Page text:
On 22 Sep 2013 at 10:13pm Renationalise the trains wrote:
Absolutely right.Renationalise the railways.
On 22 Sep 2013 at 10:51pm southern shites wrote:
Interestingly Norman Baker earlier this week was urging train companies to bring in season tickets for part time workers - say 3 days a week. They were selecting a company/ commuter route to trail it on. But in his own constituency, the train provider, Southern, has discontinued the dayside peak tickets allowing advance purchase of 5 tickets for unlimited travel on southern trains on separate specific days for £100 - ie £20 each. This was a godsend for part time workers who commute to London on different days (like myself) , but I haven't heard Baker complain about its withdrawal. So I now have to pay nearly £90 a week for my ticket as opposed to £60 for 3 days.
Southern could have led the way here.
On 22 Sep 2013 at 11:10pm ex lib-dem voter wrote:
On 22 Sep 2013 at 11:27pm D Cameron wrote:
SS - why should you get a discount just because you're too lazy to work full time?
Check it out here »
On 23 Sep 2013 at 10:28am ar10642 wrote:
For future reference, the cheapest ticket to London from Lewes (with Underground) is the Super Off-Peak at £22.10. Or just to Victoria with no Travelcard element (so walk or use Oyster card) for £16.90. No travelling in the rush hour(s) on those though.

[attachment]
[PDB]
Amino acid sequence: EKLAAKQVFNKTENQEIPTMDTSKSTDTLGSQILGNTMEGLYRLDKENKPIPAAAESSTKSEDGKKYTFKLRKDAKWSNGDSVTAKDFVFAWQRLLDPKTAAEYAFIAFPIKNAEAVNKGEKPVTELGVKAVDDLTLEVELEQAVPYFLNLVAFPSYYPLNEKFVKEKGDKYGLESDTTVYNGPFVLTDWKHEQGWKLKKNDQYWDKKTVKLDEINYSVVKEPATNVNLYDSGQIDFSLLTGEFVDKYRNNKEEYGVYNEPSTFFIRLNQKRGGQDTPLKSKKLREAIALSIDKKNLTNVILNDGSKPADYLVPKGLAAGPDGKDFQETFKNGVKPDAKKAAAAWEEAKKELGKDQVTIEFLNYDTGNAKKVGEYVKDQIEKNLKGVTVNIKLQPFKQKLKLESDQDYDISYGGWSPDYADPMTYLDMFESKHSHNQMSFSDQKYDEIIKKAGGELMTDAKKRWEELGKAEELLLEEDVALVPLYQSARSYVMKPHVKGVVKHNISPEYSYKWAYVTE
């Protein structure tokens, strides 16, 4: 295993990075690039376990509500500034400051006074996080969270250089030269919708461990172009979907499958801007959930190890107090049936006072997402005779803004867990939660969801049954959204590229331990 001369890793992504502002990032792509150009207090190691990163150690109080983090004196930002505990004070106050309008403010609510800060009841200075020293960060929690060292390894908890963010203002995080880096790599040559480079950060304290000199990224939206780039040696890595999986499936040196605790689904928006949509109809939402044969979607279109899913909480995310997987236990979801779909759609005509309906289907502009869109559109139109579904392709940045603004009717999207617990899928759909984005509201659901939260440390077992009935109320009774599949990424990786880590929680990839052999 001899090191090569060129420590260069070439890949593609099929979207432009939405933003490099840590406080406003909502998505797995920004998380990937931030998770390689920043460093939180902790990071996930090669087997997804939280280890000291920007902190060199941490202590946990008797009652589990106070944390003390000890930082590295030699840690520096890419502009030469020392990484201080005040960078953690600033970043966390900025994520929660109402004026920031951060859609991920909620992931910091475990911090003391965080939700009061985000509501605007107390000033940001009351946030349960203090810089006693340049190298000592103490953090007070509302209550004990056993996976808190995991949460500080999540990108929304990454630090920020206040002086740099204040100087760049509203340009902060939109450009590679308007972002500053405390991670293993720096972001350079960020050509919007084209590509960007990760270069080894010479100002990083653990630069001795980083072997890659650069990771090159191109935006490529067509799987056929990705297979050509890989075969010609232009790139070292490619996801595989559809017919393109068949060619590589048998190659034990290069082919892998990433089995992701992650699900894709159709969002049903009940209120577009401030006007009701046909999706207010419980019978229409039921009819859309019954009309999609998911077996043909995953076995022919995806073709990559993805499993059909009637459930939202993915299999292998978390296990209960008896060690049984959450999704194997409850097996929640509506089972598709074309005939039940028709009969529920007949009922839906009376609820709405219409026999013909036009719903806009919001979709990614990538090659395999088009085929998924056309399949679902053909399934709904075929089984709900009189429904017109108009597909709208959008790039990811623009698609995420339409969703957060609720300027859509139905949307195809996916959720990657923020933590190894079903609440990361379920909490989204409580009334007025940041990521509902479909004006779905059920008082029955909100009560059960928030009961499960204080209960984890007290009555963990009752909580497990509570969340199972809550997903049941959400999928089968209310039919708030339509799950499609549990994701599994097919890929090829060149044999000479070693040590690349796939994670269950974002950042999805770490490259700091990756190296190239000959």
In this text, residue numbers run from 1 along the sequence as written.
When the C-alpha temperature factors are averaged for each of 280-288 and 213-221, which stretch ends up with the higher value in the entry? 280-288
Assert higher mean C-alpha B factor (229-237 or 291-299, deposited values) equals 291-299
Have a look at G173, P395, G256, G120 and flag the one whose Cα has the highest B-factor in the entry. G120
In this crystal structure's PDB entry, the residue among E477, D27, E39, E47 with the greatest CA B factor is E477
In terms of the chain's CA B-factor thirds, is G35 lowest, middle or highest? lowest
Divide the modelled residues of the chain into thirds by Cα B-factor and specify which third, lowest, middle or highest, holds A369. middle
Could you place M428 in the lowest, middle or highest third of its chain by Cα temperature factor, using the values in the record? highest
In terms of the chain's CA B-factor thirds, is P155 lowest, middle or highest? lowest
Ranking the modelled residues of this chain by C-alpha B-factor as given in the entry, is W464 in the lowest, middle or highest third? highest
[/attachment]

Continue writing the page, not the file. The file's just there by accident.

On 23 Sep 2013 at 11:17am lewes resident wrote:
generally the staff at Lewes station are rude and unhelpful IMO
On 23 Sep 2013 at 11:32am Rookie wrote:
I disagree with that Lewes Resident. Most of them are fine. But there is one bloke there who has an attitude problem who I have crossed swords with.
On 24 Sep 2013 at 4:01am Fairmeadow wrote:
Last time I had to go to London (early 2013) you could get a one-day travelcard that allowed this from the tourist shop for £12 return (purchased the day before travel). I thought that was quite good. Doesn't cover the tube - but then I have a bus pass!
On 24 Sep 2013 at 4:06pm Earl of De Montfort wrote:
The ticket machines are designed to hide the cheap fares and present the most expensive by default. You have to hunt the cheap ones out. Also, it's cheaper to get a ticket to London from Brighton as this line is subsidised
On 24 Sep 2013 at 5:19pm ar10642 wrote: